ObjectivesIt is generally accepted that exposure to a high concentrate diet promotes improved carcass characteristics in cattle, but less has been done to explore carcass effects of early exposure to concentrate post-weaning across serial fed periods. The objective of this study was to assess carcass quality, composition, and tenderness of beef strip loin steaks from steers finished early post-weaning on either a pasture-based diet or various time periods on a high concentrate diet, followed by pasture finishing.Materials and MethodsFollowing a live feeding trial at Clemson University (Clemson, SC), 47 steers were harvested on 2 dates at a commercial slaughterhouse (either 308 or 354 total d on trial), and carcass data were collected, including hot carcass weight (HCW), ribeye area (REA), 12th rib backfat thickness (FT), KPH, marbling score, and skeletal maturity. Steers were blocked by initial shrunk body weight (SBW) and assigned to diet treatment groups following weaning. Weight blocks were: light, middle, and heavy (214 ± 9 kg, 229 ± 9 kg, 250 ± 10 kg, respectively; n = 4/treatment/block). Animals were individually fed, and treatment groups included: all pasture (P; n = 12), 40 d high concentrate feed (40d; n = 12), 80 d high concentrate feed (80d; n = 11), 120 d high concentrate feed (120d; n = 12), followed by pasture finishing to a mean final SBW of 465 ± 29 kg. Loins were separated from the carcass 1 d post-harvest and stored at 0 to 4°C until 21 d postmortem. After aging, loins were frozen (–20°C) until further processing. Subprimals were fabricated into 2.5 cm steaks while still frozen and vacuum packaged for storage. The anterior-most steak was used for proximate analysis, conducted using a near infrared spectrophotometer; pH was measured subsequently using a slurry of ground product from the same steak. WBSF was conducted using the second most anterior steak. Data were analyzed using Proc GLIMMIX of SAS 9.4 (SAS Inst. Inc., Cary, NC) with treatment as the fixed effect. Carcass data were analyzed with block and harvest date as random effects. Cooking loss was included as a covariate (P < 0.01) in the analysis of WBSF.ResultsNo differences were detected in full SBW or shrunk dressing percentage (P = 0.41, P = 0.07, respectively), though HCW did differ between treatments (P = 0.03). Marbling score was also influenced by diet (P < 0.01), as was FT (P = 0.04). In all 3 cases, 120d differed from other treatments, having a heavier HCW, greater marbling scores, and greater FT compared to the remaining diets. Skeletal maturity was not influenced by diet (P = 0.65), and no differences were detected for REA (P = 0.08), KPH (P = 0.17), or calculated yield grade (P = 0.57). Percent lipid content differed between treatments in proximate analysis (P = 0.01) with 120d having the greatest fat content. Consequently, moisture differed between treatments (P = 0.03), though percent protein and collagen did not (P = 0.34, P = 0.07, respectively). The pH was similar between treatments (P = 0.64), as was WBSF value (P = 0.98).ConclusionWhile varied lengths of exposure to high-concentrate diet early post-weaning had little effect on yield grade and dressing percentage, these data suggest that early exposure to a high-concentrate diet for 120 d increased fat deposition, and therefore backfat thickness, marbling, and percent fat in muscle composition.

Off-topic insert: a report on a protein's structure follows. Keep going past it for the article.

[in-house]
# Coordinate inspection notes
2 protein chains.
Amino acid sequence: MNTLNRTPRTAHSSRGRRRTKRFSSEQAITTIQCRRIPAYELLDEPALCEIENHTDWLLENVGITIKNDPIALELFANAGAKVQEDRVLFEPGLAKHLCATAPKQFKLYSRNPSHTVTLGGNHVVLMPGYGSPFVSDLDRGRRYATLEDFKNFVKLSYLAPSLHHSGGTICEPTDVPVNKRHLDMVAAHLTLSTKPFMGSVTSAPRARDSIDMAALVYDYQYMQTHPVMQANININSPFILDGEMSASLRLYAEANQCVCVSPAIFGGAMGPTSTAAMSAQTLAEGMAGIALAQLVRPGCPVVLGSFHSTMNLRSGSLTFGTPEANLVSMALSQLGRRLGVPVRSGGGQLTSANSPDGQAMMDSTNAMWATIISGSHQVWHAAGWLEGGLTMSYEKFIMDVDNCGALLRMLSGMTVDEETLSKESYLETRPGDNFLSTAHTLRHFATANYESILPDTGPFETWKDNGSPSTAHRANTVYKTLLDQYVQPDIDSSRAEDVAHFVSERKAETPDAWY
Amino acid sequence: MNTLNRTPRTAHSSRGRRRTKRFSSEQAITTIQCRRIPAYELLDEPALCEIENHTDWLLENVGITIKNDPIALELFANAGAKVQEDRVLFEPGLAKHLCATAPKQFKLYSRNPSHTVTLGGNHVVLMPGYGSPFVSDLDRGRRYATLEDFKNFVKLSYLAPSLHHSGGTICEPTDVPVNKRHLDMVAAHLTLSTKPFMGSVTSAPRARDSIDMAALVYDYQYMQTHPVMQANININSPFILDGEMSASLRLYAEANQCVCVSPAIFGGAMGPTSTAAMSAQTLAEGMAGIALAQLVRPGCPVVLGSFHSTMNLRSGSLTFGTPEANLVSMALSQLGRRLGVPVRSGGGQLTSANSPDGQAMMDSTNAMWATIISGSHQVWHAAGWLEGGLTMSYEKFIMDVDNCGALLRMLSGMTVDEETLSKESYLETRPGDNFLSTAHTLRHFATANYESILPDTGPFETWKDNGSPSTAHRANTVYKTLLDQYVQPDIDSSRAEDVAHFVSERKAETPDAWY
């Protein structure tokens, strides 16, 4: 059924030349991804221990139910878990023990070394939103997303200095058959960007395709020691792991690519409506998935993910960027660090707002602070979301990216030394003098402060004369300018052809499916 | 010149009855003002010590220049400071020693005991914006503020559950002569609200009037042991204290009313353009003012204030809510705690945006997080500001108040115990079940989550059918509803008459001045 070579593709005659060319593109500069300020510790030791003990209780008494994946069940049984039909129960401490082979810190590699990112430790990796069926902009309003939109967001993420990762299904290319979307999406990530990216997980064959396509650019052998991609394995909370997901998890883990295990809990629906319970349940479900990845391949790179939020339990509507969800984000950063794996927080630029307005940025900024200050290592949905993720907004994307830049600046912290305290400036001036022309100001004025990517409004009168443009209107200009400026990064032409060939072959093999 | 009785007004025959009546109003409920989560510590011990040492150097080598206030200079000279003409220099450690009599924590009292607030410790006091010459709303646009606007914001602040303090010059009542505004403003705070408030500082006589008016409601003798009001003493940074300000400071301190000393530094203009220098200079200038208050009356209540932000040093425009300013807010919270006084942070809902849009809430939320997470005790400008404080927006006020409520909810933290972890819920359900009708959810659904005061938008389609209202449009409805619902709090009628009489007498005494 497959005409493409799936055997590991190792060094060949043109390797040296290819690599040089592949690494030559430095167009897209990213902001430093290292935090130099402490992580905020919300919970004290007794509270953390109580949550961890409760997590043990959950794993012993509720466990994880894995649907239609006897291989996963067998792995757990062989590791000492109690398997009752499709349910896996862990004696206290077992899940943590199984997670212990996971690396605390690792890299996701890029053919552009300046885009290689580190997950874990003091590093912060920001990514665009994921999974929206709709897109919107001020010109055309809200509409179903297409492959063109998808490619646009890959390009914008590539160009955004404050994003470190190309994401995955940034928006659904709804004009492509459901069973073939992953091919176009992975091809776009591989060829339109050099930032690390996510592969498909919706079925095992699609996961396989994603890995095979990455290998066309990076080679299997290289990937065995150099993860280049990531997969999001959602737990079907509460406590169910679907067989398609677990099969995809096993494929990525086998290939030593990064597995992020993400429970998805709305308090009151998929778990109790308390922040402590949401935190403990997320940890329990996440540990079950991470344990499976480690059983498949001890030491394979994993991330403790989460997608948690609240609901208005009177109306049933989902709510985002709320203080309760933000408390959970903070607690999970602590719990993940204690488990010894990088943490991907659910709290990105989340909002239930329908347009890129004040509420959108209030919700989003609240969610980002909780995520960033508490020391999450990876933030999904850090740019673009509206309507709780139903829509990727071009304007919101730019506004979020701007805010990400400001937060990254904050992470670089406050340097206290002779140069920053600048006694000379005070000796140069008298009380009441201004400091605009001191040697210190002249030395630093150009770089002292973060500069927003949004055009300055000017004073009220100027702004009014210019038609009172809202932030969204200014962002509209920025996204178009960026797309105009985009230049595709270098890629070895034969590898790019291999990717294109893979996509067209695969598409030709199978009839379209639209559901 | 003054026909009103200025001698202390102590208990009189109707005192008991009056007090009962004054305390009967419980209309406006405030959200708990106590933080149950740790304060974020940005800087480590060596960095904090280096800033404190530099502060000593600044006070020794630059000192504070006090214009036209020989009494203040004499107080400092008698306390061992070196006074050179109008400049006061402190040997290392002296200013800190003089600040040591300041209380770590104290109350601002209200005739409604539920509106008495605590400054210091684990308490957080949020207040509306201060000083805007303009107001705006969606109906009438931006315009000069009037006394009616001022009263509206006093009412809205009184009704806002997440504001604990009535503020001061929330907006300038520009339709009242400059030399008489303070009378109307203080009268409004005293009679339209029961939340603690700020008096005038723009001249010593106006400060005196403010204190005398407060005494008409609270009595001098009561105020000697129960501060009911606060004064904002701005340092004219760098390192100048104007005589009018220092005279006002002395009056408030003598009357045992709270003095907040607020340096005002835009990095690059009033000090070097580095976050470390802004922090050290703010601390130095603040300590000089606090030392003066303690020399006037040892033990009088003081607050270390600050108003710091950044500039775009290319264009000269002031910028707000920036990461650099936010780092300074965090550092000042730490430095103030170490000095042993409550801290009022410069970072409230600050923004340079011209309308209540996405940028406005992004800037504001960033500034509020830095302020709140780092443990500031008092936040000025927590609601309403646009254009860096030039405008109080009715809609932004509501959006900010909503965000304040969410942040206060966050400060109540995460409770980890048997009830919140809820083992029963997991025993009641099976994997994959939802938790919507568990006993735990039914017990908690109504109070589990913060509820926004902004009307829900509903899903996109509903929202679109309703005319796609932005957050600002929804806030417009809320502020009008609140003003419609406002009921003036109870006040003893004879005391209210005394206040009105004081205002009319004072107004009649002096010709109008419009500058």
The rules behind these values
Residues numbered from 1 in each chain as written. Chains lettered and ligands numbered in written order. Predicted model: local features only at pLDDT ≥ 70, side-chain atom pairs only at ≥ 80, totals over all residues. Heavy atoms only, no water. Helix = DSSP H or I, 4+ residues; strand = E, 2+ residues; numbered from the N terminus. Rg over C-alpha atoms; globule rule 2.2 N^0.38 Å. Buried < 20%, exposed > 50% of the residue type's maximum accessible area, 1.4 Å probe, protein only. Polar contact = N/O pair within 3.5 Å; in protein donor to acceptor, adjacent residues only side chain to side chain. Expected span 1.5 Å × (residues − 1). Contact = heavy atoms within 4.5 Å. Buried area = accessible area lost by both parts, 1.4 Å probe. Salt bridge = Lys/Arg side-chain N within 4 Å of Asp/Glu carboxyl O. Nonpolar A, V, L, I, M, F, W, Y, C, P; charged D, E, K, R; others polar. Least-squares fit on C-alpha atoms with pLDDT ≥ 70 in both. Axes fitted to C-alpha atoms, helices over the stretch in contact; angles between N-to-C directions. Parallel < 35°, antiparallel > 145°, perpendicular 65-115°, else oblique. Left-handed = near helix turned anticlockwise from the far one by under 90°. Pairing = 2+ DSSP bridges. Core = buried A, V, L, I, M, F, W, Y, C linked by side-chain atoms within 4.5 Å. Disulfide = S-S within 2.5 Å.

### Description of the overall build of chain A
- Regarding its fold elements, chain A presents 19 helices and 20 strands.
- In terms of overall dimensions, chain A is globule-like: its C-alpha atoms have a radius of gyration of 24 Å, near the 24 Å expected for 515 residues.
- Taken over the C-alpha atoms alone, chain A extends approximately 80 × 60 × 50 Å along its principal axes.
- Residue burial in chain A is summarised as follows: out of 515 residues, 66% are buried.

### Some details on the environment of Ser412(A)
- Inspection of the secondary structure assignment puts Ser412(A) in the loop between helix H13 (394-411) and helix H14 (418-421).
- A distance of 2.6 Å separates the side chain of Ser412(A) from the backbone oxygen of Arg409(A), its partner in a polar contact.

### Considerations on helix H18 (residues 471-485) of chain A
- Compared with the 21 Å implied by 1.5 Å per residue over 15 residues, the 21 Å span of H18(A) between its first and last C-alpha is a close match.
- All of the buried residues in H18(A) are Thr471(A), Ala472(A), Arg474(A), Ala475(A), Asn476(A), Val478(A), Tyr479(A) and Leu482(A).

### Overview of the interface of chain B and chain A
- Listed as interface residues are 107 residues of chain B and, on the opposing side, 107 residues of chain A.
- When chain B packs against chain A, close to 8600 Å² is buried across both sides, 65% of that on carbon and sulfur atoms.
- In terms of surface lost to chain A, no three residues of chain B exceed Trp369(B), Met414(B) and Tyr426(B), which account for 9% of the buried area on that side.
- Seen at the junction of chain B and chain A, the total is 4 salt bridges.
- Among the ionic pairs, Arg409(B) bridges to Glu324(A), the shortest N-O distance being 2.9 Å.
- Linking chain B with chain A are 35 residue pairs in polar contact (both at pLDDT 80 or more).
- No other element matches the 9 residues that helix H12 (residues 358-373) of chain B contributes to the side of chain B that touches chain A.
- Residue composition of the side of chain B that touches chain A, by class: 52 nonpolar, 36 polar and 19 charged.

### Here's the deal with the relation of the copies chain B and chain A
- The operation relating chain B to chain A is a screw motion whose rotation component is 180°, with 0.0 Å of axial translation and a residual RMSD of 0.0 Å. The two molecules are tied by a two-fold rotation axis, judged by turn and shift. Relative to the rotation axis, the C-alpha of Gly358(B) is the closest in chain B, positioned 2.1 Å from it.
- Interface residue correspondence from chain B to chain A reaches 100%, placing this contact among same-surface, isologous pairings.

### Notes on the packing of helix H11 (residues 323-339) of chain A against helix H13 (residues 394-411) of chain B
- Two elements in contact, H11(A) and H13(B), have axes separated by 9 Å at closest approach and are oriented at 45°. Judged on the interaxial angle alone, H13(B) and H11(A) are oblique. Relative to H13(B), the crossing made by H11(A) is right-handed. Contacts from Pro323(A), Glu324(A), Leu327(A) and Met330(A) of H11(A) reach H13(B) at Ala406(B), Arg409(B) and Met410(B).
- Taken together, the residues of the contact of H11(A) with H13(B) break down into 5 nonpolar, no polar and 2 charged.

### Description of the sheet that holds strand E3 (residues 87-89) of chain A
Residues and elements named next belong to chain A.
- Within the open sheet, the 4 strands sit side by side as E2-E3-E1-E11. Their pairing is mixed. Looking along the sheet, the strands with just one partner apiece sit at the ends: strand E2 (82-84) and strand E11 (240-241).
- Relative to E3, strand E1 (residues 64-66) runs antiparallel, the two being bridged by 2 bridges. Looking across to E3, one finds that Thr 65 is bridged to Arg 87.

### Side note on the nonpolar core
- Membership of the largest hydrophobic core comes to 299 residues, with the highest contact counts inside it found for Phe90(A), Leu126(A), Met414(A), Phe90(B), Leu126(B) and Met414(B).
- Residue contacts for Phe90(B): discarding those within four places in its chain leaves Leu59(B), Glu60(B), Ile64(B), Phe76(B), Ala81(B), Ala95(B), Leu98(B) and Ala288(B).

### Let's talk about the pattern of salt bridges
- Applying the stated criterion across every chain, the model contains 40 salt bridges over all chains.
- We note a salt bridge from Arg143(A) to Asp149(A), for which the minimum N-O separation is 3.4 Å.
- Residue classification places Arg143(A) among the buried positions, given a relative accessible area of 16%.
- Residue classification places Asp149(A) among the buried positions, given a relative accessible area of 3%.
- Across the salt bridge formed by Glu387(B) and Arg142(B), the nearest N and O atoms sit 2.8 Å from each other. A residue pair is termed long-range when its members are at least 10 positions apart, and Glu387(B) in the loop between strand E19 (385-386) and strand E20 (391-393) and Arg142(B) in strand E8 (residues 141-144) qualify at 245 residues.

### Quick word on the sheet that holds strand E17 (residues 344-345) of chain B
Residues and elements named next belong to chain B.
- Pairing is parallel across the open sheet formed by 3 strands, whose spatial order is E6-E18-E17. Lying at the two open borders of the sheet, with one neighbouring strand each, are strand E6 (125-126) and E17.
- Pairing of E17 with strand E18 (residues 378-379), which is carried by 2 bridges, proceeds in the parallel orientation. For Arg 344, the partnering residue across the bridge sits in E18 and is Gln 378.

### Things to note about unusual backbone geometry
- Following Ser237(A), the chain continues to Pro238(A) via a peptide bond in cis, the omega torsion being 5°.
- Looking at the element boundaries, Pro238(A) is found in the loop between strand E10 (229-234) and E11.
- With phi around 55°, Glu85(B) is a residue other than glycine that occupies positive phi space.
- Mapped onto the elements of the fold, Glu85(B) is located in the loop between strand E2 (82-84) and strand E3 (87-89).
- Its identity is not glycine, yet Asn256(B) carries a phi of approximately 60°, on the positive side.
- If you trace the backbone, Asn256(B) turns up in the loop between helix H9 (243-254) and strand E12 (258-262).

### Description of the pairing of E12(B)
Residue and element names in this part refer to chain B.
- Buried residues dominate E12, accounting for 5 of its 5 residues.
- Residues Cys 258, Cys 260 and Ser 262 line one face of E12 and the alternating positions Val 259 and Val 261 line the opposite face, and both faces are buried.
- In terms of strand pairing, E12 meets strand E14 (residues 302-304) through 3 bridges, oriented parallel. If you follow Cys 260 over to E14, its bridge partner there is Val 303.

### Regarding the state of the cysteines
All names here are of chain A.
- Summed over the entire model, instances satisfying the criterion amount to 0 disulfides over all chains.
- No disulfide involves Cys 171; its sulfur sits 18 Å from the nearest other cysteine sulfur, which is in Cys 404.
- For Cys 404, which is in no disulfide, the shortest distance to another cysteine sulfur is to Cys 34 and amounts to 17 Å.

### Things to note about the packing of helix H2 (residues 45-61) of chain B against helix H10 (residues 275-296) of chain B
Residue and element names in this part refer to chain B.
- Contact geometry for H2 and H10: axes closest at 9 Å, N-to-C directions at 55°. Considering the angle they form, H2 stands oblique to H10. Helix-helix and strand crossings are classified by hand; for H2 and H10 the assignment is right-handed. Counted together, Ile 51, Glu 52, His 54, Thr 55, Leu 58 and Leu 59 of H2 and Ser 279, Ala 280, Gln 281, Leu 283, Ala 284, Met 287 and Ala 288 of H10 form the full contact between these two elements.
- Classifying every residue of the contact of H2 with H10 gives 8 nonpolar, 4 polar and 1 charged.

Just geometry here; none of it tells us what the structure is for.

Keywords: pasture, grain, composition, meat quality, tenderness
How to Cite:
Miller M. F. & Milopoulos J. T. & Koch B. M. & Garmyn A. J. & Legako J. F. & Duckett S. K., (2019) “Effects of Exposure to a High-Concentrate or Pasture Based Diet for Varied Time Periods on Carcass Characteristics and Quantitative Analyses of Composition and Tenderness of Beef Strip Loin Steaks of Early Fed Steers”, Meat and Muscle Biology 1(3). doi: https://doi.org/10.221751/rmc2017.087